Back in the winter of 1990-91, when I was a between-real-jobs freelancer hanging out in Vancouver with plenty of time on my hands to read, I would cycle down to Stanley Park each rainless day, find a quiet stretch of beach, and read. I went through dozens of books before returning to the working world, but the only book I remember in any detail is Bill McKibben’s The End of Nature. It was the first full-length, popular-science take on climate change, and I’ve spent much of the last 20 years thinking and writing about the subject, thanks to that book. So has McKibben.
eaarth is an oddly titled sequel of sorts. Climate change is just the backstory now. What was once looming on the horizon has become a present-day crisis that threatens to undermine the very fabric of civilization. That’s the starting point of McKibben’s latest stream-of-consciousness anti-fossil-fuel polemic. And I mean that in a good way.
A compact, but heavily endnoted (371 of them over 212 pages) work that is clearly intended to first depress the hell out of you then offer some cause for cautious optimism, eaarth is perhaps best described as a handbook for the Anthropocene, as the current era is coming to be known. The misspelled title reminds us that we no longer live on the planet that gave birth to everything we know, but on a very different world, one that is increasingly hostile to many species, including our own. It’s a clever little gimmick, though it might be offputting to those who need to read it the most — the deniers and pseudoskeptics who just can’t bring themselves to accept that humans are capable of changing the basic ecological parameters of our existence.
In that sense, the book may not accomplish all the author hopes for. The relentless litany of the facts of climate change, delivered in bursts of long sentences in long paragraphs — rarely more than two per page — make for a daunting read if you’re not used to this sort of thing. Those familiar with the science may find it a little thin on hard data, biased instead in favor of dramatic anecdotes. Indeed, most the references are popular news media and blogs, not peer-reviewed science.
But I doubt McKibben is worried about converting those who aren’t predisposed to swallowing his message. James Hansen tried that in Storms of My Grandchildren, a science-heavy book that comes off more like a cry of desperation than a guide to salvation. The science informing anthropogenic global warming is now so far beyond dispute among reasonable people that it almost seems like overkill to revisit the data here and now. The whole point behind eaarth is that it’s time to move on, come to grips with the changes that are already upon us and start adapting.
By adapting, McKibben means changing the way we have organized society. All the usual suspects are here: Eat local, use less energy, stop traveling so much, decentralize our power generating infrastructure. There’s nothing new, although I get the impression that the author hasn’t quite made up his mind about which technologies we should embrace and which we should discard. He doesn’t like massive PV arrays in the deserts of the southwest because that would mean expensive, vulnerable grids to transport the electricity to where it’s needed, but he writes more approvingly of massive offshore wind farms because more people live near the coasts. Maybe, but given the speed at which we need to throw off the fossil-fuel shackles, we may not have the luxury of choosing just the best of the renewables.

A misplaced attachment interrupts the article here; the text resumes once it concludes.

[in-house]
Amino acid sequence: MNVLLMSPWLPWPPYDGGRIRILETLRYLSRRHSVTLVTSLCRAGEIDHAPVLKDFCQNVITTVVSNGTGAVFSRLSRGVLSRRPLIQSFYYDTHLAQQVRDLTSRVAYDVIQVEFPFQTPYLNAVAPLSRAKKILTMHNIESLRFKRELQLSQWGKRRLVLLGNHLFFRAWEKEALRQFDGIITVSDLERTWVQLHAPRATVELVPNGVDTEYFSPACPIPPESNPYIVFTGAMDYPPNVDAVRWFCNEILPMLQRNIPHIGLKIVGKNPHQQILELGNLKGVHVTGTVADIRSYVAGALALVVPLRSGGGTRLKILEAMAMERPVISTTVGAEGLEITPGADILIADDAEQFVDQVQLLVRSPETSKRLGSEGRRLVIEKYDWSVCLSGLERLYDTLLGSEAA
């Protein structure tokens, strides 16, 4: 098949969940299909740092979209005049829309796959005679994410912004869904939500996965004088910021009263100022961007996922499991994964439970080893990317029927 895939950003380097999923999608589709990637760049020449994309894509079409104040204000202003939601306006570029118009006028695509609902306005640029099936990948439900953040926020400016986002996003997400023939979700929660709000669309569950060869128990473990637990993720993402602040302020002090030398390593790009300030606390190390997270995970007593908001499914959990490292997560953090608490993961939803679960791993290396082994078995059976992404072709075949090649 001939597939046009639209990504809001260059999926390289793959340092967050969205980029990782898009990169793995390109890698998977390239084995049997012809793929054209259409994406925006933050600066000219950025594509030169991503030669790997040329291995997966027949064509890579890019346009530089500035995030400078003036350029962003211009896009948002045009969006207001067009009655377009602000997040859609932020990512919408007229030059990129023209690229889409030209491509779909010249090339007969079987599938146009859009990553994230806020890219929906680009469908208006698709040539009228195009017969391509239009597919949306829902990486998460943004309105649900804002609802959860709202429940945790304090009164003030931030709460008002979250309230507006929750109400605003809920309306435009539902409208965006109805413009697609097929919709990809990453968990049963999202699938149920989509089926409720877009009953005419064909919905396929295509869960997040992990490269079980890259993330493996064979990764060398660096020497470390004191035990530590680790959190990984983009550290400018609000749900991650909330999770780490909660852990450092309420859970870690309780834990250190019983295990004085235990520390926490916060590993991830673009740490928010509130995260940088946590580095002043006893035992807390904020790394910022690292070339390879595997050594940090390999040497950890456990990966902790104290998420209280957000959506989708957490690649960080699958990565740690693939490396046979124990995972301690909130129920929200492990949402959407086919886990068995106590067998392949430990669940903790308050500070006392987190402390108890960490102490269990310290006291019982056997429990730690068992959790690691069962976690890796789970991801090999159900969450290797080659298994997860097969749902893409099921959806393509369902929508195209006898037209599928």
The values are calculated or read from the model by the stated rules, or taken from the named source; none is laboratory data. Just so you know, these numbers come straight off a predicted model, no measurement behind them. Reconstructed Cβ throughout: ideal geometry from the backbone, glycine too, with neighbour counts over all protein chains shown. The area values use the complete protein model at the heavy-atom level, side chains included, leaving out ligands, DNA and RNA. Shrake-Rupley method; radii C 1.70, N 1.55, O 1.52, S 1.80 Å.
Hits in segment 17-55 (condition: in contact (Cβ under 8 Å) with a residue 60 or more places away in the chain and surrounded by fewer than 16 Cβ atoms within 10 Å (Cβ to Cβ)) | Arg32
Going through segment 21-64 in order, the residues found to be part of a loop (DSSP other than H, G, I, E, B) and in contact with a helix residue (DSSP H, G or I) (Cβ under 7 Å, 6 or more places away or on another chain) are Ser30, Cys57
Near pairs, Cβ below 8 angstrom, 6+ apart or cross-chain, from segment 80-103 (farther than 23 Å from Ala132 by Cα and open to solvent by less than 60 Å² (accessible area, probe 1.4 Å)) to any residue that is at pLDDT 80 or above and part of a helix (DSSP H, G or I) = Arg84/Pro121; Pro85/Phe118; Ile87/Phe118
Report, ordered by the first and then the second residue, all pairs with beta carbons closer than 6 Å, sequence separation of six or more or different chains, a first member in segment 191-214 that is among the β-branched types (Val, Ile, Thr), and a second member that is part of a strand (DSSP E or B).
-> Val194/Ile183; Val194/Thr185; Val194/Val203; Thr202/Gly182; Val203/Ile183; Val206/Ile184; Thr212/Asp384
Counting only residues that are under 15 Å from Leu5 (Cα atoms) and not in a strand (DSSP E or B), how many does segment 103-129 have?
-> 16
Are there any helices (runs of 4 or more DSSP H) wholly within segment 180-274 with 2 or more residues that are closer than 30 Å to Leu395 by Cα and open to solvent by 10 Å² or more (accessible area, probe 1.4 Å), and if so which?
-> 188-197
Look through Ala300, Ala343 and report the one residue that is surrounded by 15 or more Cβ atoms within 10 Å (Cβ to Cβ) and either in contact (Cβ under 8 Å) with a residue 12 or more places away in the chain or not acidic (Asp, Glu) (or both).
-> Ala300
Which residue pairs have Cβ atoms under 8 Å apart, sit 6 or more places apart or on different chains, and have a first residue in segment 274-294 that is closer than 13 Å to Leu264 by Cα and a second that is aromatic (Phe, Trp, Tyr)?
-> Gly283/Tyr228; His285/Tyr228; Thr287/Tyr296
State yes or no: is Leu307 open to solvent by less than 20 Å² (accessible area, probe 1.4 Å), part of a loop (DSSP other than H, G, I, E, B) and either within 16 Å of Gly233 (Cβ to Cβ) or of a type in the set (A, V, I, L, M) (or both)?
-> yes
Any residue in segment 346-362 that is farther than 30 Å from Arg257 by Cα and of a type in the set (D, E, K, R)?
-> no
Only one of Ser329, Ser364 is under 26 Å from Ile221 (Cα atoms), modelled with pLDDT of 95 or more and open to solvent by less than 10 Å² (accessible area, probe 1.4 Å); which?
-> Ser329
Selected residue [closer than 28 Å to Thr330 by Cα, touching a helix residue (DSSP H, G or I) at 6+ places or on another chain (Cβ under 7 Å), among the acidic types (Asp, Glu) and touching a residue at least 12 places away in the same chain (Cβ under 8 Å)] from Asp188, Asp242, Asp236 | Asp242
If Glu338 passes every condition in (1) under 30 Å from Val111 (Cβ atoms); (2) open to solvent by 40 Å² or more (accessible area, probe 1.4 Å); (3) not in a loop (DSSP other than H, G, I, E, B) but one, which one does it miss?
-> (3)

McKibben’s “small is beautiful” philosophy is awfully attractive in theory. But sometimes it seems his thinking was turned into prose a little too quickly. He glosses over complexity in favor of consistency a few too many times. For example, when it comes to the failing business model of newspapers, he writes:
What if your newspaper wasn’t owned by some corporate overlord looking for a 20 percent return? What if a small annual profit was enough? Maybe it would still be covering the city council and sending a reporter on the road with the baseball team.
You’ll get little argument from me that corporate demands are playing a big role in killing journalism. But declining advertising and readership and the failure to develop an income from the Internet are also major challenges. It seems that by moving beyond the science, McKibben also moved beyond thorough analysis. This creates problems later in the book when he offers the Internet is one of several potential cures for what ails us. While he loves the idea of reviving the neighborhood as a focus of life, it is as yet unclear whether social networking’s ability to transcend geography will make that easier or harder to realize.
On the whole, however, I found myself nodding in approval at most of what eaarth has to offer. McKibben has a profound respect for the science that brought him to where he’s at, and he only occasionally allows his passion for the best of what we can be cloud his judgment. I’d even go so far as to call this a really important book, at least as important The End of Nature. For those willing to accept the simple premise that we can’t go living this way, it’s an easily digestible, compelling review of what we’ve done to the Earth and a useful compendium of the many options at our disposal for adapting to the new reality. Not your typical beach read. But as the gusher from the Deepwater Horizon begins to foul many a beach on the Gulf, I suspect there are at least some readers who will find it timely and provocative.
$24, 212 pages